Chicago school board hopefuls to submit petitions for first time ever

The week-long process begins Monday, when hopefuls can start turning in to Chicago election officials the minimum 1,000 signatures needed from residents who support their candidacy in one of 10 districts. The races will shape up by the June 24 deadline.

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Members of the Grassroots Education Movement, made up of parents of Chicago Public Schools students and community leaders, protest at City Hall for an elected School Board.

Members of the Grassroots Education Movement, which is composed of parents of Chicago Public Schools students and community leaders, walk outside City Hall while demanding Chicago Mayor Lori Lightfoot to support the establishment of an Elected Representative School Board, Wednesday morning, March 3, 2021.

Pat Nabong/Sun-Times file photo

After more than a decade of lobbying, years of negotiation and months of sorting out the logistics, it’s finally time for candidates to file petitions to get on the ballot for Chicago’s first-ever school board elections.

The week-long process begins Monday, when hopefuls can start turning in to Chicago election officials the minimum 1,000 signatures needed from residents who support their candidacy in one of 10 districts. The races will shape up by the June 24 deadline.

Voters will choose 10 elected board members in the Nov. 5 election, then Mayor Brandon Johnson will appoint another 10 plus the board president. The new 21-member board will be inaugurated in January.

For now, campaign finance documents offer the clearest picture of these races. Some prospective candidates have been raising money since last year, dipping their toes in the race to get a head start. They’ve accumulated $205,805 among 35 candidates’ campaign committees.

Six candidates have already formed committees in District 10, which includes Hyde Park and a strip of the South Side along Lake Michigan and the Indiana border. They include a Grammy Award-winning artist, two former Chicago Public Schools administrators and another longtime public employee. That race is already shaping up to be an expensive one: The candidates have raised a total of $91,743, the most in any district.

Then there are districts where there’s apparently little early interest. Four of them have only two candidates with committees. Two districts have seen candidates raise no money, and a third has only $200.

And just because someone has formed a campaign committee doesn’t mean they’ll submit enough signatures to end up on the ballot. A candidate who formed a campaign committee in April already suspended their campaign last week in District 7 — spanning from parts of the South Loop and Chinatown southwest through Little Village, Brighton Park and Archer Heights towards Midway.

So what happens if no candidates make the ballot in a district and nobody is elected there in November?

The “short story is, the Chicago School Board would fill the elected office vacancy with a majority vote,” said Max Bever, spokesman for the Chicago Board of Elections.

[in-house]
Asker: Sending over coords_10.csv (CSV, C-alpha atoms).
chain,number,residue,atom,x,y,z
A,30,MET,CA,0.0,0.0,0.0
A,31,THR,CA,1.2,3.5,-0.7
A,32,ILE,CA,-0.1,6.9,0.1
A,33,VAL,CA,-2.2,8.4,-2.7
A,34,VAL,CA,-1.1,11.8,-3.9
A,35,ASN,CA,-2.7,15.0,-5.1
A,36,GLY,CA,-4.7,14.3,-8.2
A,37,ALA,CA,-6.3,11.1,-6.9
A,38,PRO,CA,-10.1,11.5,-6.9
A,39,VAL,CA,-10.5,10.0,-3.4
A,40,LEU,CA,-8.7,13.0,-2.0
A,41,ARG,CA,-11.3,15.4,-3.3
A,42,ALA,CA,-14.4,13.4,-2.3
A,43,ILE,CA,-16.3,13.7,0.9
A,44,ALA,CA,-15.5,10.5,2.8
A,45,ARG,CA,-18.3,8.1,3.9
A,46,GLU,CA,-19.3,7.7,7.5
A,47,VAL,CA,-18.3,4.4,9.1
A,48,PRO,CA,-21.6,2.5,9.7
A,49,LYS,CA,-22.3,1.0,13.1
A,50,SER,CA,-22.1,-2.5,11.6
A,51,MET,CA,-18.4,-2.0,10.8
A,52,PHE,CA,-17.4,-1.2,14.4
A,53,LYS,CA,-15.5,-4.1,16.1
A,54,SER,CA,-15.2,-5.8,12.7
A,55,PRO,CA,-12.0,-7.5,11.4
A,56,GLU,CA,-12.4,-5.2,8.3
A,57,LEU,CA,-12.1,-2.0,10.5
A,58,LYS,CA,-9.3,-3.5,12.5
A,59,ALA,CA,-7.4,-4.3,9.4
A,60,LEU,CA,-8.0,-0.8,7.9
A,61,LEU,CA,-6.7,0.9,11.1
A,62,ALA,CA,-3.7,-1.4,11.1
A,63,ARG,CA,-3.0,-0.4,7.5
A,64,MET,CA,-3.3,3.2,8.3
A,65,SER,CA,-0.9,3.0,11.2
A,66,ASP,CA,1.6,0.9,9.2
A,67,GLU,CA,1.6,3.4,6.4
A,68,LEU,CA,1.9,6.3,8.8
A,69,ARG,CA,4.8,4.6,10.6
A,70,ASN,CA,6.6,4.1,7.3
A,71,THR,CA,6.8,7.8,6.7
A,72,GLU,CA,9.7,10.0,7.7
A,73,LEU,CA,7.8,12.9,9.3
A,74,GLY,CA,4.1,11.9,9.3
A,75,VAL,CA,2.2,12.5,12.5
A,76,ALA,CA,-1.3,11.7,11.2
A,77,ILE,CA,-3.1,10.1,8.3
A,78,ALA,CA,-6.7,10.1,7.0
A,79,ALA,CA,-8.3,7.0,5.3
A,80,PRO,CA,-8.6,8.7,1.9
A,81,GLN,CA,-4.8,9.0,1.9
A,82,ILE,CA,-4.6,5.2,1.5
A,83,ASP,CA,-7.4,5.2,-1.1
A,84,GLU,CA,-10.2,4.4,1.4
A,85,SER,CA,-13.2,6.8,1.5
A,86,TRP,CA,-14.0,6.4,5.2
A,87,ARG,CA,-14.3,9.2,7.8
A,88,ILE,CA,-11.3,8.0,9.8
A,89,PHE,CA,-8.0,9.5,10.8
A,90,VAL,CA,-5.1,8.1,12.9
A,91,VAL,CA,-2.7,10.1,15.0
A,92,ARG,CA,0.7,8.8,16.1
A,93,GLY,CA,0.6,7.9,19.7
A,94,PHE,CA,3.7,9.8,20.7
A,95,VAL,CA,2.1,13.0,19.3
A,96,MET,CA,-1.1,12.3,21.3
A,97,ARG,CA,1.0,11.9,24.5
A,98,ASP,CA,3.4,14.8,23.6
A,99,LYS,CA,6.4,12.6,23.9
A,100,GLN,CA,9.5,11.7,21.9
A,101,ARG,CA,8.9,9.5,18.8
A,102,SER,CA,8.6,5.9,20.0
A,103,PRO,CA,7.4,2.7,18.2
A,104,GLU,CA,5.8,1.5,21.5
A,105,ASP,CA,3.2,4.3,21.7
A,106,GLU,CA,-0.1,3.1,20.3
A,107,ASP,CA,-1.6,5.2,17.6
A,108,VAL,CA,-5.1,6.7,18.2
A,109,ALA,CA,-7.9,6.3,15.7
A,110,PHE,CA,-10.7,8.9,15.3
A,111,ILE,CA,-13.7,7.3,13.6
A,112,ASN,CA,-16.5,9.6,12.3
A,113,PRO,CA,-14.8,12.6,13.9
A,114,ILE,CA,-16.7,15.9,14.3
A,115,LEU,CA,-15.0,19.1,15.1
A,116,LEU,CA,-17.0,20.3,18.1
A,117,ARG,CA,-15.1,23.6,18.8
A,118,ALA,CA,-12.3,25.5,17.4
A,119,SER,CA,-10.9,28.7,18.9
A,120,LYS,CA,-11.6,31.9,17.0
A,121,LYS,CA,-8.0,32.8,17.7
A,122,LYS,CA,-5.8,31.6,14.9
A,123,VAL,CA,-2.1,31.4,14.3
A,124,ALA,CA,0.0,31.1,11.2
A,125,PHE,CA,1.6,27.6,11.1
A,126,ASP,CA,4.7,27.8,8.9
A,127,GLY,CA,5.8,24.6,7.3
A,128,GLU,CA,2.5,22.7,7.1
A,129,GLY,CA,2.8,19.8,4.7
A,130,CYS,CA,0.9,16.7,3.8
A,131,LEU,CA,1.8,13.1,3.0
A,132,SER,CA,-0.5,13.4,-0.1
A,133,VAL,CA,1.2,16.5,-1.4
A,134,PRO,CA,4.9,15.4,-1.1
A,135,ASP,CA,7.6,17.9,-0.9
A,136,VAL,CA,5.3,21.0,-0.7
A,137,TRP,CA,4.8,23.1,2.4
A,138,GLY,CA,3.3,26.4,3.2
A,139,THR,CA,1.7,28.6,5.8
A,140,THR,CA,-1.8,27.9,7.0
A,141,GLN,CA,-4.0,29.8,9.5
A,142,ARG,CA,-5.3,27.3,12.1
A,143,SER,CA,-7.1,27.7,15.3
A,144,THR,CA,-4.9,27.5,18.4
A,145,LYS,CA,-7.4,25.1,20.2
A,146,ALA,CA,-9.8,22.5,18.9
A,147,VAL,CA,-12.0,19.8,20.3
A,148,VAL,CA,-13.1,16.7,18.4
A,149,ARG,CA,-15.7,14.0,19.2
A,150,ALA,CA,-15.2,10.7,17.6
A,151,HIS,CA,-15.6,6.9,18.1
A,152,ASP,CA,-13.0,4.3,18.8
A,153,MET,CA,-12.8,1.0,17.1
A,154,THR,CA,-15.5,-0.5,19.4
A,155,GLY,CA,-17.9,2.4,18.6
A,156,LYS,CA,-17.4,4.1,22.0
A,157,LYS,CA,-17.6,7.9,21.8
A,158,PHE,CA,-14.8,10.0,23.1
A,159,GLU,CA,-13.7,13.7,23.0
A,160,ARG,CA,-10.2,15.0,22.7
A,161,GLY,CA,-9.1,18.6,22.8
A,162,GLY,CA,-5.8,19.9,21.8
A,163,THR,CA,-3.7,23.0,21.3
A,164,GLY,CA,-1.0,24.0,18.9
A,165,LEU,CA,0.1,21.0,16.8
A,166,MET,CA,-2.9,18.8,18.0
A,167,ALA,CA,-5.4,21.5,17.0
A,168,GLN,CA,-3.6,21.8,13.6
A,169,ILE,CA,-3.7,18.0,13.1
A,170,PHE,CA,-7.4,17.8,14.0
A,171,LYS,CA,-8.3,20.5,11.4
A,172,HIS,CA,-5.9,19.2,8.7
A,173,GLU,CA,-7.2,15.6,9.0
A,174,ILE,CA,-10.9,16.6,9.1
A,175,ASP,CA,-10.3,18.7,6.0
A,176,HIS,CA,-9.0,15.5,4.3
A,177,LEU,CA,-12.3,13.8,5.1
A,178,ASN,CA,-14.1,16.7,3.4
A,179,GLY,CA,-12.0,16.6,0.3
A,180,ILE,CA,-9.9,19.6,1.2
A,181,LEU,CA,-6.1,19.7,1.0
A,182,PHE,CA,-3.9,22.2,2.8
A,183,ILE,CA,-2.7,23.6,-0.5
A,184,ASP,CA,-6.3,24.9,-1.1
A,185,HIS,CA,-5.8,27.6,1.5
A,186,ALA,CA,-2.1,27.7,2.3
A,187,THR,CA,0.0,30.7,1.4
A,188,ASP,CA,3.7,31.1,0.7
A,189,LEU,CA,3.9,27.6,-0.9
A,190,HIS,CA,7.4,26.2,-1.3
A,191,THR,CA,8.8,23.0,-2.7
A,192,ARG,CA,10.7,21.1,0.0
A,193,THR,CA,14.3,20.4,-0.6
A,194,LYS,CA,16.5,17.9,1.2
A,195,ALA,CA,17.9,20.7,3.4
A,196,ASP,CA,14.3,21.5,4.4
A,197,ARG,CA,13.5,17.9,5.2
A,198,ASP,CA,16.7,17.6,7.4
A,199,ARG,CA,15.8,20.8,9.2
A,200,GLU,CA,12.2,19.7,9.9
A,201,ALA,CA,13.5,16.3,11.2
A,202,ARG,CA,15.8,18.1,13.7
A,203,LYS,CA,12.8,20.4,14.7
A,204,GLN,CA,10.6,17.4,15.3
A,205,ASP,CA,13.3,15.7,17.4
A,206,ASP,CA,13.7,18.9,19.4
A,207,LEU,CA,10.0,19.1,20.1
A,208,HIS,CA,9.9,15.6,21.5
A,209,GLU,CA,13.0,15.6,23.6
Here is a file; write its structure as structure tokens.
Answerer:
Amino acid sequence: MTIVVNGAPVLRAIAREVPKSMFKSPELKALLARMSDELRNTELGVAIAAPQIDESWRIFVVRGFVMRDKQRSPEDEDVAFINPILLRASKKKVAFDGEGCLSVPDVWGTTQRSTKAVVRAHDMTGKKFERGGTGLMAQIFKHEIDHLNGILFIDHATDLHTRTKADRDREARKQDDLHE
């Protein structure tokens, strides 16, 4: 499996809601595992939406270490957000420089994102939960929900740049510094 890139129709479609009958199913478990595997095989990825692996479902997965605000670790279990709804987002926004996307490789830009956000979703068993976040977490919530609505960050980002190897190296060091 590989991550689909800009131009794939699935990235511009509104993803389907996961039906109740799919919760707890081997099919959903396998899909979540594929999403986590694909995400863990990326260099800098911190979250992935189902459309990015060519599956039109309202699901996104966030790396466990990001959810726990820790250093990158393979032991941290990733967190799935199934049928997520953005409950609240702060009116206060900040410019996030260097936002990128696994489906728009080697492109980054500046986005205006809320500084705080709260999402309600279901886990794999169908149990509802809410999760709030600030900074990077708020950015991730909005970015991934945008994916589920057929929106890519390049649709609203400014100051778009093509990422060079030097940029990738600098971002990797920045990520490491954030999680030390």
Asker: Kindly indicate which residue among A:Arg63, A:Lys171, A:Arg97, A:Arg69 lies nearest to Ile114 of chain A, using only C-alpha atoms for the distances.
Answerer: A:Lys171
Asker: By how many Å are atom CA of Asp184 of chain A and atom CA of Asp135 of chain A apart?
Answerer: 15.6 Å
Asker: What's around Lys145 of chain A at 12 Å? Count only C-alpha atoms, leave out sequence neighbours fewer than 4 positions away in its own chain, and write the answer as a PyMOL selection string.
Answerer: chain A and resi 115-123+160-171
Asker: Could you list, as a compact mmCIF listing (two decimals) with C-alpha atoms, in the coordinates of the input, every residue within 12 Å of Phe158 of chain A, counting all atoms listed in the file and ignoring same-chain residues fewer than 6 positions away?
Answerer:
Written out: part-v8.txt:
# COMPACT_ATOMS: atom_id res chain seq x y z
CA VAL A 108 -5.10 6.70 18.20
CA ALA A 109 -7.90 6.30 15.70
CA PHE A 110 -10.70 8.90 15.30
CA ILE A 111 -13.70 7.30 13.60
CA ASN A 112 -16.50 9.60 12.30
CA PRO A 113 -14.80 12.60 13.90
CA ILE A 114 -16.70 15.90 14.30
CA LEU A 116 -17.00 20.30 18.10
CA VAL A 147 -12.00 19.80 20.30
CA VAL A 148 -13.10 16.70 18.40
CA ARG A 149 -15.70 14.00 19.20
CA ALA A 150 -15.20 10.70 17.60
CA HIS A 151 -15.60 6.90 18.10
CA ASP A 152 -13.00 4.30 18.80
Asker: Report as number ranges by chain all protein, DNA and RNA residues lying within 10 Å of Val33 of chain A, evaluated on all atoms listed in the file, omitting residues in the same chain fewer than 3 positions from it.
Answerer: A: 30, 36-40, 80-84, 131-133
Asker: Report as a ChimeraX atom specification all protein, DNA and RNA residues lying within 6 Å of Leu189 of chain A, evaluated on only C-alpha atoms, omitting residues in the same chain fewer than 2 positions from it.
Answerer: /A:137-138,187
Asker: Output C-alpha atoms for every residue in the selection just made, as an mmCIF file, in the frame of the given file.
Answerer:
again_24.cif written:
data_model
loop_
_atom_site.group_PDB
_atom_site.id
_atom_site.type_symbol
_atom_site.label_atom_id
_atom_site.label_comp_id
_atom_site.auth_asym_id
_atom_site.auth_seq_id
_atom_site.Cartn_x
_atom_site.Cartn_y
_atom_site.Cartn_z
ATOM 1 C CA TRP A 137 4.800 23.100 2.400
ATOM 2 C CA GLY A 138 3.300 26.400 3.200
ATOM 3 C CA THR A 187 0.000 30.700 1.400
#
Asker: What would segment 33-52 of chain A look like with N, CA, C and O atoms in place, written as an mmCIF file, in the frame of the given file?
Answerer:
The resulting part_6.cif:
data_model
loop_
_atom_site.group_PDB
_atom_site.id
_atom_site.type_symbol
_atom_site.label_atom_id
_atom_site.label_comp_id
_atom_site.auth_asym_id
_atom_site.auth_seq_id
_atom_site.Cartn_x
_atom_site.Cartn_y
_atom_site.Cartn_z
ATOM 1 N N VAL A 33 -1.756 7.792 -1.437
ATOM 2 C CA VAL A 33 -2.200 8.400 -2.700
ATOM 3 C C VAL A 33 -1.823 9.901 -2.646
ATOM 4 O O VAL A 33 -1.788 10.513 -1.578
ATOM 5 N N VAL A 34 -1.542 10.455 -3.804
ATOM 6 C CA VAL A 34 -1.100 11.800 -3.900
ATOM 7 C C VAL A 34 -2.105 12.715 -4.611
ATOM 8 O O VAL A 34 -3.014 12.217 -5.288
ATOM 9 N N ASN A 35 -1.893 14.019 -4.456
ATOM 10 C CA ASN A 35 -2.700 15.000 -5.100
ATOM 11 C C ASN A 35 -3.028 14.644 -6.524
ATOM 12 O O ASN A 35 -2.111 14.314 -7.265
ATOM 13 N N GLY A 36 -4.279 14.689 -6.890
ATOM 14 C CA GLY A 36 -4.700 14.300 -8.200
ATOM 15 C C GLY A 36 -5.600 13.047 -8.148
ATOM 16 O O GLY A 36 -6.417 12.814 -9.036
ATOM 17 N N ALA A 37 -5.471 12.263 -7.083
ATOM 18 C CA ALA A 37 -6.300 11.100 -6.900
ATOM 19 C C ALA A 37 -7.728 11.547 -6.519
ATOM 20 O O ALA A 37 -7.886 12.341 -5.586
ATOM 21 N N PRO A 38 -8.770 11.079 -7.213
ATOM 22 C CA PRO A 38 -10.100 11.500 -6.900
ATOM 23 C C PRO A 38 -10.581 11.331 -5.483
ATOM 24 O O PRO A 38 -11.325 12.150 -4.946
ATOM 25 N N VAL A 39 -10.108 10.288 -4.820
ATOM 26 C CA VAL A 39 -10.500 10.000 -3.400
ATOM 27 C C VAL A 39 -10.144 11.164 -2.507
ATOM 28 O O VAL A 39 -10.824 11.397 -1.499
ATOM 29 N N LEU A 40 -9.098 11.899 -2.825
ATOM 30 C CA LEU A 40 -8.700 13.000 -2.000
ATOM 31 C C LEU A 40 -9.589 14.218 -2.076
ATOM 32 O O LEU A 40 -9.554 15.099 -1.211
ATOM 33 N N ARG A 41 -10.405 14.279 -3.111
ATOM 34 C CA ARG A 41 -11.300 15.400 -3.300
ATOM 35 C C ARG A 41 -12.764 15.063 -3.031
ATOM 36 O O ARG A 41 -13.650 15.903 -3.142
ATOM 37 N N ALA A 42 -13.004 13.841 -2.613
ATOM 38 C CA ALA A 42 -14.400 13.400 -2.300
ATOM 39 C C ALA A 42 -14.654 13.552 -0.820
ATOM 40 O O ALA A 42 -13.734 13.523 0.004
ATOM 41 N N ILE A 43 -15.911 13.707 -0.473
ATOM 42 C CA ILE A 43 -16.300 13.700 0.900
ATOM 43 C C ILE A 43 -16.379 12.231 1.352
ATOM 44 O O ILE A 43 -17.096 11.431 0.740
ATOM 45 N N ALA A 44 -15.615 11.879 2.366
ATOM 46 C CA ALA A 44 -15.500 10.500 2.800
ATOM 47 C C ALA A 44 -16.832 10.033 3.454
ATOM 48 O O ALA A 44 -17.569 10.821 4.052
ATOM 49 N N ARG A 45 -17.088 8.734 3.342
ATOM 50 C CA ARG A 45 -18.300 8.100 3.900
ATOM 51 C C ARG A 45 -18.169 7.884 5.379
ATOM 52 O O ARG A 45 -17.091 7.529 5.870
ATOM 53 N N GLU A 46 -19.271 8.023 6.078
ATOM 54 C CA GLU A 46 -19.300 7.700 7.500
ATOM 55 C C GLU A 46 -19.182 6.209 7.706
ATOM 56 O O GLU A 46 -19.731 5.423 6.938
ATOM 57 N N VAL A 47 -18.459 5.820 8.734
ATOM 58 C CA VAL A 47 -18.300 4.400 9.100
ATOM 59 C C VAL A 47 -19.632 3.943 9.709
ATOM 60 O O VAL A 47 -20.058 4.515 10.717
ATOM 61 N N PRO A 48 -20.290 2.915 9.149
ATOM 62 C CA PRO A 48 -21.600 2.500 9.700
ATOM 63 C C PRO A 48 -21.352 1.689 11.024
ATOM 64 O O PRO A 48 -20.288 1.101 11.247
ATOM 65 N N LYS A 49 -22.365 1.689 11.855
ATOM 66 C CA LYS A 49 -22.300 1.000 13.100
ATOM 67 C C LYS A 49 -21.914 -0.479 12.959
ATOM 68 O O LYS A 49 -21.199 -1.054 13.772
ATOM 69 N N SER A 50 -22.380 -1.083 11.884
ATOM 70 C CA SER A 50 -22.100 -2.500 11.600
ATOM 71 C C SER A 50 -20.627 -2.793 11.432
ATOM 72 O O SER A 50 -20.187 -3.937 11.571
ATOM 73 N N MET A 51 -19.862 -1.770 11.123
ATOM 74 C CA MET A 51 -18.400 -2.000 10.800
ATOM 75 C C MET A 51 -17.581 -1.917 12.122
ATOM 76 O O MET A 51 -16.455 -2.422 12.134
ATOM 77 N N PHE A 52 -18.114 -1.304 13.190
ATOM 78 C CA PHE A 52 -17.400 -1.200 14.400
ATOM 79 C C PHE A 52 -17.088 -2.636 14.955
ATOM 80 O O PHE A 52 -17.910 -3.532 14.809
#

But the chances of the new elected board having to vote to fill a vacancy are slim to none. After all, a write-in candidate could win with one single vote if there are no certified names on the ballot. In that case, anyone could organize an impromptu write-in campaign to get on the board.

It also remains a possibility that several hopefuls will submit signatures without having first formed campaign committees, growing the number of candidates in districts where it appears few are interested so far. That’s because state law only requires someone to register a committee if they’ve raised $5,000 or more for their campaign.

Chicago Board of Elections staff will count the minimum 1,000 notarized signatures — and in this election a maximum of 3,000 — plus check for other documents like a disclosure of economic interests. Candidates can also ask to be placed into a lottery for the first ballot position.

But as with most Chicago elections, petition challenges could delay the setting of the ballot. Those can be filed by July 1, asking the Chicago Board of Elections to review the validity of the signatures a candidate collected. The challenge process, if there are any, could take well into August, even up until the Aug. 29 ballot certification deadline.

Jesus Ayala Jr., who formed a committee in April to run in District 7, said he tried circulating an agreement among candidates to not challenge each others’ signatures. But only two of his counterparts have expressed interest. Ayala said he has surpassed the 1,000 signatures he needs and will be filing this week.

“The intent of this is so we can keep the conversation around education,” Ayala said. “[It] doesn’t make sense for this to be about who has more legal resources, who has more legal savvy. I don’t intend to challenge anyone. … The process is hard enough, and anyone who’s willing to show up for the city should have a fair chance at the ballot.”

Two of the mayor’s seven current appointed school board members — along with City Council Education Committee Chair Ald. Jeannette Taylor (20th) and CPS staff — are hosting an online informational session Monday evening to “educate stakeholders on the logistics of the transition to an elected school board, the legal requirements of board members, the role of the board and the duties and responsibilities of board members.”

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